Of the seven cases that proved to be CL on surgical material, the original FNA diagnoses were “malignant cells present most consistent with lobular carcinoma” in two cases whereas the remaining five were diagnosed as “unsatisfactory due to hypocellularity.” Of the four cases that proved to be PV on surgical material, the original FNA diagnoses were “carcinoma, type unclear, i.e., ductal versus lobular” in three cases whereas the fourth was diagnosed as “suspicious of malignancy, interpretation limited by air-drying artefact.” Upon review, all the original diagnoses given on the FNAs were confirmed.
Of these FNAs, only the cases in which a definitive diagnosis of carcinoma (i.e., two cases of CL and three cases of PV) was made were kept for the assessment of the cytologic criteria. These five FNAs were evaluated without knowledge of the subsequent surgical diagnosis for the following features: cellularity, single cells, indian files, cell groups, nuclear pleomorphism, cell size, nucleoli, cytoplasmic vacuoles, and signet ring cells. Each cytologic feature was graded according to the following numeric scheme: 0 (absent), 1 (mild), 2 (moderate), and 3 (prominent).
The results of the grading of the cytologic features on FNAs are compiled in Table 1. The FNAs of PV had many features in common with those of CL; the indian file arrangement (Fig. 1A) and the cytoplasmic vacuoles (Figs. 1A and B) characteristically associated with CL were also encountered in PV. However, differences were also noted. The PV had a tendency to yield more cellular specimens (Fig. 1C). In addition, the tumor cells in the PV group were larger and, especially, exhibited more pleomorphic nuclei (Fig. 1C) than in the CL group.
Table 1. Grading of Various Cytologic Features of Five Cases of Classic Type Lobular Carcinoma and the Pleomorphic Variant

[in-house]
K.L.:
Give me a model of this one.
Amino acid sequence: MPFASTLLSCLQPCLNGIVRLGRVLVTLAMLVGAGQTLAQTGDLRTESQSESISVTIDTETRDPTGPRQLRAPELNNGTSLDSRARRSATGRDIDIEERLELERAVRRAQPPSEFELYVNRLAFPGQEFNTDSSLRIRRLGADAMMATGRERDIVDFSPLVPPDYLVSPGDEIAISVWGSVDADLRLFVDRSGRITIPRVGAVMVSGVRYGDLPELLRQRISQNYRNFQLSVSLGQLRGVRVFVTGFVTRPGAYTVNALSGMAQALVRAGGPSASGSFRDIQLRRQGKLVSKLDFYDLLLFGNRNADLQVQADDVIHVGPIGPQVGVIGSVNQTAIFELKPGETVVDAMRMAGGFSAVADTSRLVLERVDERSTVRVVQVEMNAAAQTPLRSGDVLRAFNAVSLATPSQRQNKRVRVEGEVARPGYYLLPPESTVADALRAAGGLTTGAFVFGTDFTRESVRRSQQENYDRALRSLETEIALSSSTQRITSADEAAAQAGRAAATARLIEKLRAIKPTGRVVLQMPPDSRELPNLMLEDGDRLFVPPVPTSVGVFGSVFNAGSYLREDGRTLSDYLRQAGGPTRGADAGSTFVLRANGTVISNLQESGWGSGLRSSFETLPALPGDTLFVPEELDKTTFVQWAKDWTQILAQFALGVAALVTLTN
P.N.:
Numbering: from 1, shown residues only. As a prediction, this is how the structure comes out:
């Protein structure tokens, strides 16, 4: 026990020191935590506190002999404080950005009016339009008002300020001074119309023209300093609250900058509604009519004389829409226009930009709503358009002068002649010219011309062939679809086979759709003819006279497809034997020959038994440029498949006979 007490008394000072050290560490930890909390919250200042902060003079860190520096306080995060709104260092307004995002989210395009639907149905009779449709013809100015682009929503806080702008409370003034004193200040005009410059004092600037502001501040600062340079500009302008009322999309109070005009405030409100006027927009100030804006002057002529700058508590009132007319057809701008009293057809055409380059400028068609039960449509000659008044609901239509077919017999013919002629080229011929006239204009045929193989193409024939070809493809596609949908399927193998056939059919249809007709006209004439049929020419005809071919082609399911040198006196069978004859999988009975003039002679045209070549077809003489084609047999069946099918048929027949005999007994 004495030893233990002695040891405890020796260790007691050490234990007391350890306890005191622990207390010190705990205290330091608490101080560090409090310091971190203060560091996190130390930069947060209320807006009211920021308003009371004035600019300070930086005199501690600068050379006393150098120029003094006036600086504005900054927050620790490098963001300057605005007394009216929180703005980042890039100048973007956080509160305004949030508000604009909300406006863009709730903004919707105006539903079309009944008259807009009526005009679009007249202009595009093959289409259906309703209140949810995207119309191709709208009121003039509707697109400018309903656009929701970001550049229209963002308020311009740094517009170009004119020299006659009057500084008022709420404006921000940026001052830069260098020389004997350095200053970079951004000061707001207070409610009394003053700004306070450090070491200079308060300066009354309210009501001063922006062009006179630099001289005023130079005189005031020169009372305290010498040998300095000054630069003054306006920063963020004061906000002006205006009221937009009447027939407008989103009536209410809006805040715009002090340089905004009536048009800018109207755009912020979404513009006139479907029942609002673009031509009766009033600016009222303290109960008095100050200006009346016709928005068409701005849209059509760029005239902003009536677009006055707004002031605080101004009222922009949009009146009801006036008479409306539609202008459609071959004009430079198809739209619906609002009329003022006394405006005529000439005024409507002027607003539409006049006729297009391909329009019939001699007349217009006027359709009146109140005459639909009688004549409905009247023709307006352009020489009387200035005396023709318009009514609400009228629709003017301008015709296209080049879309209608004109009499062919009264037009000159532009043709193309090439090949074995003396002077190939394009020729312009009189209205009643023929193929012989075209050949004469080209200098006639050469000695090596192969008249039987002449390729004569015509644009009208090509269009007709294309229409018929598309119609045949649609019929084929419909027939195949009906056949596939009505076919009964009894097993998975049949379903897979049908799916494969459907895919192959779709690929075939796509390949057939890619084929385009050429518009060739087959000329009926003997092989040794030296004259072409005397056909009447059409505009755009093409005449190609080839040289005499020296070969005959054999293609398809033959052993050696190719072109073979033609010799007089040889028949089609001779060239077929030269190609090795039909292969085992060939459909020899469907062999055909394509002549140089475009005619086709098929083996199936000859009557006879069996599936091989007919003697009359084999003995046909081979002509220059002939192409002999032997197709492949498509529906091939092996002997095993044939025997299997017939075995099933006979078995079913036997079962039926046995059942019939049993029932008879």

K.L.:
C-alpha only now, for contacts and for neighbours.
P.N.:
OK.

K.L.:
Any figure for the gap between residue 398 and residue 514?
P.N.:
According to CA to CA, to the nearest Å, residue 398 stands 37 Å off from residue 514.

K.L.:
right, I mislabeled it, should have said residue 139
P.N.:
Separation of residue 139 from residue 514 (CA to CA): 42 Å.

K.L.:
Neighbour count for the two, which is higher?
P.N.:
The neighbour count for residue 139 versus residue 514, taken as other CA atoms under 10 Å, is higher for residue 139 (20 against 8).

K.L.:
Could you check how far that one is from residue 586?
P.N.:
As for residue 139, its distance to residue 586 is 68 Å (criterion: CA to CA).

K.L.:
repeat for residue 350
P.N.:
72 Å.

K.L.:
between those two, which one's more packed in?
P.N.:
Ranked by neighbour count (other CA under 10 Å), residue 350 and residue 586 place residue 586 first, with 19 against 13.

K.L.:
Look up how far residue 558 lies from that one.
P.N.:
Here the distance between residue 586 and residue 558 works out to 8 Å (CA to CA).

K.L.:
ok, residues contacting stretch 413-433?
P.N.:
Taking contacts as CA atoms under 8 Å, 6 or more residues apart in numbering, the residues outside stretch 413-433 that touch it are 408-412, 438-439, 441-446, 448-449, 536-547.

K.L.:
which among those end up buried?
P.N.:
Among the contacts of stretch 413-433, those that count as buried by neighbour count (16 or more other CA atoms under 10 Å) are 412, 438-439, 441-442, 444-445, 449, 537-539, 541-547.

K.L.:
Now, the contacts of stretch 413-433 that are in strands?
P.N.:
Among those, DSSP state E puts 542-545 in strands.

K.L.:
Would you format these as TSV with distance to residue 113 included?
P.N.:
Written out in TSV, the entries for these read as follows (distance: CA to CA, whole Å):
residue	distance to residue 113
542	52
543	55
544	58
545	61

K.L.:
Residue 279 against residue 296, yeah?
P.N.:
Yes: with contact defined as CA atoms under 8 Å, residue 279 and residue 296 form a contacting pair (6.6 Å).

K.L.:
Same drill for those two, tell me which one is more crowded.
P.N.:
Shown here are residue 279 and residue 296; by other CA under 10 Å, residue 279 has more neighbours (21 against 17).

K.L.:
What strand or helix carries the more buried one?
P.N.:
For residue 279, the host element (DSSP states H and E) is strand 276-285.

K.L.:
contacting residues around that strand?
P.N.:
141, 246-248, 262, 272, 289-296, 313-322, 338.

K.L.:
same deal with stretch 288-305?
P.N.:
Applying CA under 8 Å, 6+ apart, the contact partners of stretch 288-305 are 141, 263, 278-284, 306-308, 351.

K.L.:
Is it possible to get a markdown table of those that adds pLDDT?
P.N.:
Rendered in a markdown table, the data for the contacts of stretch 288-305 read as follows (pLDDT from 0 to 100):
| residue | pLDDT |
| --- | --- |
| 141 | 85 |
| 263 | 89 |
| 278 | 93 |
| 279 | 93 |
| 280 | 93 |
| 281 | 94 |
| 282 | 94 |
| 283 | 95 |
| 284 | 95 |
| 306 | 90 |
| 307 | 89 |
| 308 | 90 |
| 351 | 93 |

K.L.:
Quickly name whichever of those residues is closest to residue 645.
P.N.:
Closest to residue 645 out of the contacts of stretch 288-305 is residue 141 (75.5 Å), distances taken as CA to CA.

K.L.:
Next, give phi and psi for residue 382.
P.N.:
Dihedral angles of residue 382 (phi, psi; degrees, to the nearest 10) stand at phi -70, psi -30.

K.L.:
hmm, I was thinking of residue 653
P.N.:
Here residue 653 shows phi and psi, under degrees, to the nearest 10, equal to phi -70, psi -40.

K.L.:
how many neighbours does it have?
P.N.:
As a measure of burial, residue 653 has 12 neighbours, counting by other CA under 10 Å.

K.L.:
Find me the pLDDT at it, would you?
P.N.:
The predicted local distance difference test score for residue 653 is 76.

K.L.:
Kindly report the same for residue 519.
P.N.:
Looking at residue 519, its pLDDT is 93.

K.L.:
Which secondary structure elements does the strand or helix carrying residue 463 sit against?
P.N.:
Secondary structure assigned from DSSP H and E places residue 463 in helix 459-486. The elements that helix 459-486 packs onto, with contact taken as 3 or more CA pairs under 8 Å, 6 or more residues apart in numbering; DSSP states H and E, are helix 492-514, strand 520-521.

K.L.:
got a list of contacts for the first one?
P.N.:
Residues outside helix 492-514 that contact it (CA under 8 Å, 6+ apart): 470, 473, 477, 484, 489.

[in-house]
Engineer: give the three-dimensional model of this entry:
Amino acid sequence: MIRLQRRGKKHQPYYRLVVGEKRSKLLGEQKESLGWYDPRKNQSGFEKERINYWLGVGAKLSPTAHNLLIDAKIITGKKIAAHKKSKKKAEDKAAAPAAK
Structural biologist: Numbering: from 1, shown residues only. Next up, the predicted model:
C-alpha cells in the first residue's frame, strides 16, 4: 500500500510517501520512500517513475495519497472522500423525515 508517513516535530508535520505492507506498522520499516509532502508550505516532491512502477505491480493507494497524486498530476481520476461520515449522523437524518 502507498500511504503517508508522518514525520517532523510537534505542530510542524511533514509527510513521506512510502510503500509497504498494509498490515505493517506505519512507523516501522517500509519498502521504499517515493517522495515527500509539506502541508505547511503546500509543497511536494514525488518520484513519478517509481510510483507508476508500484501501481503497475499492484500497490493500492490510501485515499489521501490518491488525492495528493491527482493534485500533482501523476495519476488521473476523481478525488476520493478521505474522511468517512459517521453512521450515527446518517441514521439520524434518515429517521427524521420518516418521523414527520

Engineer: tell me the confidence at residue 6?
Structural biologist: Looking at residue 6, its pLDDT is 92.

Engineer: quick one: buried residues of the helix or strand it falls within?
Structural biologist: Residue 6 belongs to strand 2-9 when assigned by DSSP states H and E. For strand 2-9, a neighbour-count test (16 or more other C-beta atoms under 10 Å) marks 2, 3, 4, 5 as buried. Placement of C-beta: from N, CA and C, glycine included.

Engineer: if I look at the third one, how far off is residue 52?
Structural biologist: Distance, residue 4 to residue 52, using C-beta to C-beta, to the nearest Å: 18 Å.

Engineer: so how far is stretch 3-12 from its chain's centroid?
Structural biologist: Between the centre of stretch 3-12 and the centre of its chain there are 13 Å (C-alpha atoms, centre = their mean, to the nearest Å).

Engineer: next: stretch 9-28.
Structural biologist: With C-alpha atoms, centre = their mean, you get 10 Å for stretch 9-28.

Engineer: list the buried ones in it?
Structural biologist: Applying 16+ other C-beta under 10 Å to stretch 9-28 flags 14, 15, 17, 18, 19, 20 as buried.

Several variants of invasive lobular carcinoma have been recognized, including the solid, alveolar, and signet ring types and mixed variants. The PV of invasive lobular carcinoma was recognized less than 10 years ago.11-13 Based on histologic material, PV is defined as an invasive carcinoma with the infiltrating pattern of CL, but with more pleomorphic nuclei than CL, varying degrees of greater contour irregularity, increased mitotic activity, and/or greater nuclear size.12 The recognition of this variant of lobular carcinoma is very significant because it may behave in a more aggressive manner and may have a worse prognosis than the classic type.11, 12
For an experienced pathologist with regular exposure to breast FNAs, it is usually not difficult to distinguish CL from ductal carcinoma. The FNA cytologic features of CL have been well described in the literature.1-9 The cytologic characteristics typically associated with CL include indian files, cells of small size, cytoplasmic vacuoles, a signet ring appearance, and a lack of significant nuclear and cellular pleomorphism. In contrast, FNAs from ductal carcinoma usually display larger cells with more prominent pleomorphism.1, 3